Using concurrent-ruby in a Rails application

concurrent-ruby Apr 18, 2021

Concurrency in Ruby is still a gray zone for many developers. If you know anything about concurrency, you probably know that Ruby is thread-safe by default because the Global VM Lock only uses one thread and you are bounded by it. But does that mean that Ruby can't scale?


Ruby processes are sent to GVL where they acquire a lock or wait for one. Each Ruby process can have one (or more) threads. It is safe to say then that the GVL is a process-based lock, not a thread-based lock.

Because the lock is acquired only when we are running Ruby code, other tasks that do not require Ruby (database writes/reads, call to external services, etc) can be parallelized.


concurrent-ruby is a gem that brings the concepts of modern concurrency tools to Ruby. It lends ideas from languages like Erlang, Clojure, Scala, and Go but in a way that makes sense for Ruby.

One implementation that I like a lot is the concept of Future: an action that happens in the future, where I don't need the result right now but I might be able to check on its status until then.

Using it is pretty straight forward:

count = Concurrent::Future.execute { sleep(10); 42 }
count.state #=> :pending
count.pending? #=> true

count.value #=> 42 (after blocking)
count.rejected? #=> false
count.reason #=> nil

The code passed on the block will run in parallel and we can query the state of the future (pending for 10 seconds) on the main thread without blocking it.

It works fine with Ruby but when using it in a Rails application, things get interesting.

Rails' Executor

Rails have its own set of threads and usually, we don't have to care about them because Rails takes care of everything through the Executor.

The Executor separates the framework code and the application code and every time Rails invokes your application code it will wrap in the Executor, where everything will be taking care of: database connections, constants loading, and so on. But when you start adding Futures to your application, it can be a problem, at least in the development environment.

If you write a thread that will execute your application code, you need to wrap around the executor: do
  Rails.application.executor.wrap do
    # your code here

The executor will take care of putting your process/thread on the global VM. This blocks and waits if other threads are autoloading/unloading or reloading the application.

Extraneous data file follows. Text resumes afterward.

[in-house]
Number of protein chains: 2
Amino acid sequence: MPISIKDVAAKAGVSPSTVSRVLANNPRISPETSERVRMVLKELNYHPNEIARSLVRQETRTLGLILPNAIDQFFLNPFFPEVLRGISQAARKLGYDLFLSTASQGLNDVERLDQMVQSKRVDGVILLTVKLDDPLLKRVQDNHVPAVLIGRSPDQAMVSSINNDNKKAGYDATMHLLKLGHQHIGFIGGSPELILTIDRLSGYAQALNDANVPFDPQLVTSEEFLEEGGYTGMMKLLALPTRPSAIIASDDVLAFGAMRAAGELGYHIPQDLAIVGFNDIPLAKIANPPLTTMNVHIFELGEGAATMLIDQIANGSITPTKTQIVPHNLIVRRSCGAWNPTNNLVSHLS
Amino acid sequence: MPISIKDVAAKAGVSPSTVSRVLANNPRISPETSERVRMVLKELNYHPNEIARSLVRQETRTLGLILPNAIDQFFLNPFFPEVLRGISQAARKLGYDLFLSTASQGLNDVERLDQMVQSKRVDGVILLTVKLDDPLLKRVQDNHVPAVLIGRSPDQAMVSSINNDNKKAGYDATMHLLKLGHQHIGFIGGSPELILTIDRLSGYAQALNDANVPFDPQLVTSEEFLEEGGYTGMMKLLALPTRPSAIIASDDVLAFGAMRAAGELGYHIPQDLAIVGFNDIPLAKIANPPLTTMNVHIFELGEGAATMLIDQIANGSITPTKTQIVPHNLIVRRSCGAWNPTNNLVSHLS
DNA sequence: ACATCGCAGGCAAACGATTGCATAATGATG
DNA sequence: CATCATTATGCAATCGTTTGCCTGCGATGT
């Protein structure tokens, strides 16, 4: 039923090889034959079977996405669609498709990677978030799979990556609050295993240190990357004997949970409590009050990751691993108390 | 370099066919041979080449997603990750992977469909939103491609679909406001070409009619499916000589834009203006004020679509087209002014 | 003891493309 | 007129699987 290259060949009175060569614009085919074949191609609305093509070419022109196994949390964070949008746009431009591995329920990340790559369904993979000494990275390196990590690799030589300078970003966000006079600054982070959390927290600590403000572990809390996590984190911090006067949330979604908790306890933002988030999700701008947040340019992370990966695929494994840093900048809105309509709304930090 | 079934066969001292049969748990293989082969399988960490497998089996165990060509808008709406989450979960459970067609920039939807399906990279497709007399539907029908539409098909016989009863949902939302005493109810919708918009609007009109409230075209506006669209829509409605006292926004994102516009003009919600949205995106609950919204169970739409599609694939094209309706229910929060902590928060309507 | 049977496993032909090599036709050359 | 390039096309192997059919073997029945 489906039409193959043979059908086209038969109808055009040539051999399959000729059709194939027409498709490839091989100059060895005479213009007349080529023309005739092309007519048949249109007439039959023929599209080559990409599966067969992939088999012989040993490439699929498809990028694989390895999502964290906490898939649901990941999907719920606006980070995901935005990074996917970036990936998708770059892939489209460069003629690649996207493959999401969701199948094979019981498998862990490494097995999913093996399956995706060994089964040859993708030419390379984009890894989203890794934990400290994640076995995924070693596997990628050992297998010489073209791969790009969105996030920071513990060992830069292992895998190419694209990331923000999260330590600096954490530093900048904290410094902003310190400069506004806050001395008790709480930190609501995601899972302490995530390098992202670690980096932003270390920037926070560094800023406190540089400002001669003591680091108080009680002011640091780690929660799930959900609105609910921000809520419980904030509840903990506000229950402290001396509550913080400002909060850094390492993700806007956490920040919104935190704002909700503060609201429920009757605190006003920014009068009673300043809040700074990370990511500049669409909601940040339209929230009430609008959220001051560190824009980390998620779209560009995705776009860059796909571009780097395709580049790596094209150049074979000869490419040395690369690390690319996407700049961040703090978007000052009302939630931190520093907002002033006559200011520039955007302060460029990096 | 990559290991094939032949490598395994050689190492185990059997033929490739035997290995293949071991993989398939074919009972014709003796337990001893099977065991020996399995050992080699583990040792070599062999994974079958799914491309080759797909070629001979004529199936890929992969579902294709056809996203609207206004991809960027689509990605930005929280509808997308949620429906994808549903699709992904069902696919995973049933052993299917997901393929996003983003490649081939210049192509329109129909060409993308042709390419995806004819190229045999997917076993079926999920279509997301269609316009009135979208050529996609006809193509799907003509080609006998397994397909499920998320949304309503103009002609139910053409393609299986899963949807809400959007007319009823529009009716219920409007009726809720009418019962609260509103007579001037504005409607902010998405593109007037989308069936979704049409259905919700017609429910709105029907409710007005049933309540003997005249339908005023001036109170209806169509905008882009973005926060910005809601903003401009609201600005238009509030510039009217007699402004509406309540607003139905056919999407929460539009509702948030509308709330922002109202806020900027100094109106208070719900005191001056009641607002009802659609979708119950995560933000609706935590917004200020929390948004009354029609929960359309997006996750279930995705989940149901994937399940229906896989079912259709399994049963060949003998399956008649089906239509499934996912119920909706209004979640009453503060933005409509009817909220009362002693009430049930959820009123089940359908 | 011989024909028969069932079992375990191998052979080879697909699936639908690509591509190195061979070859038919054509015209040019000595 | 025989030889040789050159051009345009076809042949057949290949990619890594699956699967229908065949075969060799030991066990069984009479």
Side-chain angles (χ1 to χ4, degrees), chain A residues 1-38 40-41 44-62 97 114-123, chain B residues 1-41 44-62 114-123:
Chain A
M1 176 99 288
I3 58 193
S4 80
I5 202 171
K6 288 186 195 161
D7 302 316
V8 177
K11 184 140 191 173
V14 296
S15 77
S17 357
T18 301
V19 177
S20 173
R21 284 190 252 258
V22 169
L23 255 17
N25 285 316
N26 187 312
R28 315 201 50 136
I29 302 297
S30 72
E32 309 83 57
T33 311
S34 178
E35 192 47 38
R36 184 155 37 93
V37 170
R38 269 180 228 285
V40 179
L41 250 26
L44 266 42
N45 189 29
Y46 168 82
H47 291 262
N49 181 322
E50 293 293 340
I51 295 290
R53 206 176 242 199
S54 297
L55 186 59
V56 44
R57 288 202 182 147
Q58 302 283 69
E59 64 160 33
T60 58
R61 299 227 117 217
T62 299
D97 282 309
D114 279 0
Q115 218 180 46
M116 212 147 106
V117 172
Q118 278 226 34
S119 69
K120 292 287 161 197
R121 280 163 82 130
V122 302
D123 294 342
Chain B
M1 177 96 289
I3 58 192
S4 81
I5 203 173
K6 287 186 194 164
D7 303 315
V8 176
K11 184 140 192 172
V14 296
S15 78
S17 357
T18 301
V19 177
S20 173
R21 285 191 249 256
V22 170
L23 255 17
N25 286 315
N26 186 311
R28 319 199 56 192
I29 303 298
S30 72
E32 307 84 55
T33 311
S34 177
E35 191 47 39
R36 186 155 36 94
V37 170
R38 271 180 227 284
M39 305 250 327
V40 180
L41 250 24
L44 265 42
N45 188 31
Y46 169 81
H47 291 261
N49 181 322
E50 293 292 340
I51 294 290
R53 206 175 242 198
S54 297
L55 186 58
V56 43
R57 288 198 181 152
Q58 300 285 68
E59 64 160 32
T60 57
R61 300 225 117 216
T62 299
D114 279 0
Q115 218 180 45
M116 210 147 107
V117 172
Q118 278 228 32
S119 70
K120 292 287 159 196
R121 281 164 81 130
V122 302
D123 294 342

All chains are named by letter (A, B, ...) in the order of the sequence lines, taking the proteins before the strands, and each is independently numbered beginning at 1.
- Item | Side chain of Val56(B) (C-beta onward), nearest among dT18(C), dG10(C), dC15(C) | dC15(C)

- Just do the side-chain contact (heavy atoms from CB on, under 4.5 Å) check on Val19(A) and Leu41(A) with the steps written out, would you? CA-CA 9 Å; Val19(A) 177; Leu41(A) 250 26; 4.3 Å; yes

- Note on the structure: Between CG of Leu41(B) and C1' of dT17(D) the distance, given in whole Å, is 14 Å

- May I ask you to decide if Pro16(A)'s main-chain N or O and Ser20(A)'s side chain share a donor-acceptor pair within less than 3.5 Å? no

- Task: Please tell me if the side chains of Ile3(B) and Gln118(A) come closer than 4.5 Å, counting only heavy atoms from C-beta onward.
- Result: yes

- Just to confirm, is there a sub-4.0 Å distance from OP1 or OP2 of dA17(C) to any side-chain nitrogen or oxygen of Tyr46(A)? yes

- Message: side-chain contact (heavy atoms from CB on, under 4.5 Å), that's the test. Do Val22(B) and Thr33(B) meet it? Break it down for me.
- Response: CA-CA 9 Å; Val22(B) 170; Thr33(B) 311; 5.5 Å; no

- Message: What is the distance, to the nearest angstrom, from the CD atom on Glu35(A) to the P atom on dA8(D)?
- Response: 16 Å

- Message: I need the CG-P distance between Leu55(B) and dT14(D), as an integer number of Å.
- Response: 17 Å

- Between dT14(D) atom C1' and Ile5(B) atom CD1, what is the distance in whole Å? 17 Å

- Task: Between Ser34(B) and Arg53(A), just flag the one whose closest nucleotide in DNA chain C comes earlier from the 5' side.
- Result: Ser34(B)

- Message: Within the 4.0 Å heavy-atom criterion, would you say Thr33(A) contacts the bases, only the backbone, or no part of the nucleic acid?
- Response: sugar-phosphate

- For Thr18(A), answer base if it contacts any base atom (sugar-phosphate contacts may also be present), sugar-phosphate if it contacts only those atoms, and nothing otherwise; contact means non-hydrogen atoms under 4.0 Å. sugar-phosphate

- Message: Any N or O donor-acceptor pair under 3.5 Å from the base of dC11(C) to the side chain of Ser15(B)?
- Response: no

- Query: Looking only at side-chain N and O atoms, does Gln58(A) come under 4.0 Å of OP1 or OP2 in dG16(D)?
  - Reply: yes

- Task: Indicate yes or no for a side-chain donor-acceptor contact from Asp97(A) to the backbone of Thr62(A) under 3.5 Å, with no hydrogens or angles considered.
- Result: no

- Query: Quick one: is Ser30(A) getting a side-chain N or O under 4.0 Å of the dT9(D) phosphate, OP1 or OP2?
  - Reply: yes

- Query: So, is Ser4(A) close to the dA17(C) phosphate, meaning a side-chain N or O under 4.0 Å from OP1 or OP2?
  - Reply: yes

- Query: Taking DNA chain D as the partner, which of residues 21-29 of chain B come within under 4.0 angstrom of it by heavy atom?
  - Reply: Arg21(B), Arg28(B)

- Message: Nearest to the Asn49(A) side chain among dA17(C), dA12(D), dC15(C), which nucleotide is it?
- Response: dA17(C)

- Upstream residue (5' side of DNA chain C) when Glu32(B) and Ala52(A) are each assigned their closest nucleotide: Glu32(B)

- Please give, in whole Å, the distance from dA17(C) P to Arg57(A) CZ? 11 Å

Wrapping the thread on the executor makes sure that you won't have any problem with unloaded constants (You won't see errors like Unable to autoload constant User, expected ../user.rb to define it (LoadError).


According to the Rails documentation, the Executor will acquire a lock and put the process into running state but in the meantime, other processes might have acquired a lock too and require autoloading of classes. If this happens, you have a deadlock in your hands. Assuming that User class is not loaded, this will cause a deadlock:

Rails.application.executor.wrap do
  th = do
    Rails.application.executor.wrap do
      User # inner thread waits here; it cannot load
           # User while another thread is running

  th.join # outer thread waits here, holding 'running' lock

To avoid this, the thread should use permit_concurrent_loads: It guarantees that it won't unload any already-loaded constants inside the block. You should put it as close as possible to the blocking call:

Rails.application.executor.wrap do
  th = do
    Rails.application.executor.wrap do
      User # inner thread can acquire the 'load' lock,
           # load User, and continue

  ActiveSupport::Dependencies.interlock.permit_concurrent_loads do
    th.join # outer thread waits here, but has no lock

Plugging Future

The code above can be adapted to use Concurrent::Future as well:

Rails.application.executor.wrap do
  futures = 3.times.collect do |i|
    Concurrent::Future.execute do
      Rails.application.executor.wrap do
        # Your code here

  values = ActiveSupport::Dependencies.interlock.permit_concurrent_loads do

By doing this, you can safely parallelize your code without having to care about Rails at all.

To help me do this I created a small gem that abstracts most of these configurations and adds some more sugar to them. ConcurrentRails is a wrap on top of Future that allows you to use Futures pretty much the same way as the documentation says but without the burden of configuring Rails Executor.

Give it a try, let me know what you think!


The Practical Effects of the GVL on Scaling in Ruby

Threading and code execution in Rails



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